Ultra- running legend ( and vegan) Scott Jurek shares his tried- and- tested ways to run strong on the amazing power of plants
When I was growing up I was a meat-and-potatoes kid who hated vegetables. But 18 years ago, when I was 25, I had a bowl of vegetarian chilli that changed my life (and my running) when it sent me down the path of plant-based eating. Since then, I’ve fuelled my ultra running with plants. But it didn’t happen all at once. I slowly started swapping animal foods for plant-based ones: meat and potatoes became tempeh and yams; my ‘salad’ of iceberg lettuce and carrots became large bowls of dark leafy greens topped with chickpeas or kidney beans. Before I knew it, I had ditched animal products completely and ramped up my mileage without injury or undue fatigue.
Whether you want to forgo steak and eggs is up to you, but even runners who eat animal products can benefit from adding more plants to their plates. These small changes can help you try new foods, lose weight and fuel your runs.
MAP IT OUT
You don’t need to come up with an entirely new diet when transitioning to a more plant-based lifestyle. Instead, determine the nutritional makeup of the foods you’re already eating: what are their macronutrients (carbs, protein and fat) and micronutrients (their vitamins and minerals)? Replace animal products with plant-based ones that have similar nutritional profiles, paying close attention to the micronutrients that are most commonly found in animal-derived foods, such as vitamin B12, iron, zinc and calcium (see Veggie
EXPLORE THE VEGGIE AISLE
Challenge yourself to experiment with one new fruit, vegetable, bean or other plantbased food every week. This will force you out of your comfort zone (in a good way) and allow you to try new recipes.
MIX IT UP
‘But what about protein?’ There's a valid reason why vegetarians and vegans get this question all the time: animal products contain all nine essential amino acids needed to build protein. Plant-based foods? Only quinoa and soy can make that claim. In order to get enough complete proteins in your diet, combine a variety of foods: mix and match beans and rice, lentils and chickpeas, plus meat substitutes, such as tofu.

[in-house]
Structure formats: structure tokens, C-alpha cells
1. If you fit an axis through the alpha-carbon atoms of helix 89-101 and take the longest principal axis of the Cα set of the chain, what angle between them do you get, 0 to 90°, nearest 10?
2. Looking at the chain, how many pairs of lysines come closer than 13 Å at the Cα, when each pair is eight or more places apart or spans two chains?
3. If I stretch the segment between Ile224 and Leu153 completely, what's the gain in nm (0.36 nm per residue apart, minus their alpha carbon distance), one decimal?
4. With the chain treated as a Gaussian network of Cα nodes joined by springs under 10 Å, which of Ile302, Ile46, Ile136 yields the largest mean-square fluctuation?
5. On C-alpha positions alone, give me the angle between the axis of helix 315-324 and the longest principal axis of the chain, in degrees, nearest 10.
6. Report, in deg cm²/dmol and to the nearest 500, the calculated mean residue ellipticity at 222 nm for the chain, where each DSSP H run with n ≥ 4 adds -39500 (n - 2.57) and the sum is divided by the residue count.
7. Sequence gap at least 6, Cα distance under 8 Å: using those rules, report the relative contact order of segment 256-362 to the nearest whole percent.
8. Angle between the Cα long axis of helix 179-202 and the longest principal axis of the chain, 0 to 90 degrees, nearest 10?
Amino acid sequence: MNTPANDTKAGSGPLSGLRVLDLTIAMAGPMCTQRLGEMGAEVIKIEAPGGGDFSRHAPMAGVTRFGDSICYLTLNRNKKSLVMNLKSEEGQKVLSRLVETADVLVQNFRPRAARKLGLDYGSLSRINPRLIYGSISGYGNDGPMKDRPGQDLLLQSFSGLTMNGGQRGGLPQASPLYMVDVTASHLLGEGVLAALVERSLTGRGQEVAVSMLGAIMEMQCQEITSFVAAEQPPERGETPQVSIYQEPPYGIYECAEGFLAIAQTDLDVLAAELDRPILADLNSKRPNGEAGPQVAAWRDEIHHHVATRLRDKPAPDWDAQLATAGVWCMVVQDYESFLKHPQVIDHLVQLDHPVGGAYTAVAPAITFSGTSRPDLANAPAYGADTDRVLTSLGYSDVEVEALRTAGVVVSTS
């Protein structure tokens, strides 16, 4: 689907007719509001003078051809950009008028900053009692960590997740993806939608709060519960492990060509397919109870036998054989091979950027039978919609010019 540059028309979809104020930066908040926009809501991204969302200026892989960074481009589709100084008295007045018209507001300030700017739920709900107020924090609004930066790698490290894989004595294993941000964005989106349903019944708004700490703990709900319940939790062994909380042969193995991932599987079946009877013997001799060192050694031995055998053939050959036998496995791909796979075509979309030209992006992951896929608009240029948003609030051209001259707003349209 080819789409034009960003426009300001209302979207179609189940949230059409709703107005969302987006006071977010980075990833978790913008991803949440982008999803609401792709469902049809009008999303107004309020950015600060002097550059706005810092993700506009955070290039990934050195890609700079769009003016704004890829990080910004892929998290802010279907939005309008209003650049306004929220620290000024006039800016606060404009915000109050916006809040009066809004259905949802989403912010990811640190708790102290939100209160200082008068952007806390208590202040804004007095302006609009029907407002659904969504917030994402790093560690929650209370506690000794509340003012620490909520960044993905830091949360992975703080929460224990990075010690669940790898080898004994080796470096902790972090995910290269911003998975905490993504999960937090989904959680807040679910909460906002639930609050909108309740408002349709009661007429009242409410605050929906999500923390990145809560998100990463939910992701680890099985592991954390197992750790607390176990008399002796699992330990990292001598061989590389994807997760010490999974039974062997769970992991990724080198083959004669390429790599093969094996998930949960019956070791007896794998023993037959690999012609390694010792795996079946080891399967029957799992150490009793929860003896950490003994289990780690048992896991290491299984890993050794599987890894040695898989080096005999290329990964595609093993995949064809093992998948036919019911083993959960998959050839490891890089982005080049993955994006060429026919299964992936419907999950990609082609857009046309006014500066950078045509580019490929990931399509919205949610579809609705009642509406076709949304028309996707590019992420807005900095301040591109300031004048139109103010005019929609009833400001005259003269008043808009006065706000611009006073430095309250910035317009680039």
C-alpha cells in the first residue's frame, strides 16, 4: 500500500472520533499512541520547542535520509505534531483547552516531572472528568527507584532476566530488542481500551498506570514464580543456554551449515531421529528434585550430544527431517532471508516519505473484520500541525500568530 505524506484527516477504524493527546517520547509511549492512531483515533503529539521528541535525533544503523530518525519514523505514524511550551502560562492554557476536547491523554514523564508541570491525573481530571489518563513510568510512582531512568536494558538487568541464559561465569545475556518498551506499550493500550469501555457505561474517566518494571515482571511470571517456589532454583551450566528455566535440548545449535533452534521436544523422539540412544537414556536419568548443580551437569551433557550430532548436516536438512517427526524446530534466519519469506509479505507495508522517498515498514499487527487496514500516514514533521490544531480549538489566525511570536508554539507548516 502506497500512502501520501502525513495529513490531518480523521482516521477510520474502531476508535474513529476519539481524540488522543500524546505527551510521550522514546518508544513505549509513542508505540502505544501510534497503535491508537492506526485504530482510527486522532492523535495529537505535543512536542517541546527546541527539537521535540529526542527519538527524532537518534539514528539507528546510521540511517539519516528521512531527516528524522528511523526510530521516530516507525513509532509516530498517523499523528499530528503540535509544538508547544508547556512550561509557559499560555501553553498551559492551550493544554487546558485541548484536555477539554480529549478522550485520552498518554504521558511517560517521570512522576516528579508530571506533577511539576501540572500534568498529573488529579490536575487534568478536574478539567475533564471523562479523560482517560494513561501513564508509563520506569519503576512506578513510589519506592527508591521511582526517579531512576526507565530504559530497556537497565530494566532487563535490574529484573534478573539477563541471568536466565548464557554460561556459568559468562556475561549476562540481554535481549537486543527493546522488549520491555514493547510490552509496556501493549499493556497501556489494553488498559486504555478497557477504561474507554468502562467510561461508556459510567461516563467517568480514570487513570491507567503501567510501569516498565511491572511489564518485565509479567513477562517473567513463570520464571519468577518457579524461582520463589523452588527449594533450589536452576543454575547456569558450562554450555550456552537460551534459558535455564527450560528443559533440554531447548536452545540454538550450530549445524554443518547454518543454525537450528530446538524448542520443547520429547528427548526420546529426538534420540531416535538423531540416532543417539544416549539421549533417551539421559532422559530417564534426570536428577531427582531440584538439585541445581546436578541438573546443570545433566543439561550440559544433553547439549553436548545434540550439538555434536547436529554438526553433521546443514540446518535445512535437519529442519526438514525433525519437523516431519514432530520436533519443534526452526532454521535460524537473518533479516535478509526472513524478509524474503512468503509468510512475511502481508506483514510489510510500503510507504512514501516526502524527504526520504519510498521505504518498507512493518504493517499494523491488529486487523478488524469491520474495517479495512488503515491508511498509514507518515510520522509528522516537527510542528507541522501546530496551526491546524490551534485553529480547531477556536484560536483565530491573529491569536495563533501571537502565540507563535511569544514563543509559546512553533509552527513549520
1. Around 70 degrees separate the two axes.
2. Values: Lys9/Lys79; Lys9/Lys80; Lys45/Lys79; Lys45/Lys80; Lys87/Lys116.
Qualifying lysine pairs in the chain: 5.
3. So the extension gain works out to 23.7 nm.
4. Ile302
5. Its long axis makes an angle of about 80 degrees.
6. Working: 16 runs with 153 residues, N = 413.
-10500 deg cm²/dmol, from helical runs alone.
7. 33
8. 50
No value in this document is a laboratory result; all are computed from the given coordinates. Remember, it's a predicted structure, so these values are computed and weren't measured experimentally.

NO MEAT FOR ME, THANKS
I didn’t become vegan overnight. Take baby steps. Pick one meal a week to go plant-based or vegetarian – or a full day if you’re feeling adventurous, like a Meatless Monday. If you don’t trust your veggie cooking skills (yet), turn to the pros. Try the veggie option at a restaurant to expand your palate and come up with new ideas for your own menus.
When you’re pushed for time or tired, it’s easy to revert to normal eating habits. Carve out an hour over the weekend to make a large veggie salad or plant-based bowl (see
Let’s go bowling, right) and save portions for lunch and dinner later in the week.
SNEAK ’ EM IN
If you’re not a greens lover, I understand: I despised veggies. Add dark leafy greens like spinach, kale or rocket to your morning smoothies. You’ll get a dose of fibre, calcium and folate, and the fruit will mask the flavour.
Thanks to the dishes from around the globe that I found in vegetarian cookbooks, I uncovered a world of new flavours. The wide range of spices and different ways of preparing foods keep things fresh.
Pair plant-based foods with each other ( like rice and beans) for a complete protein.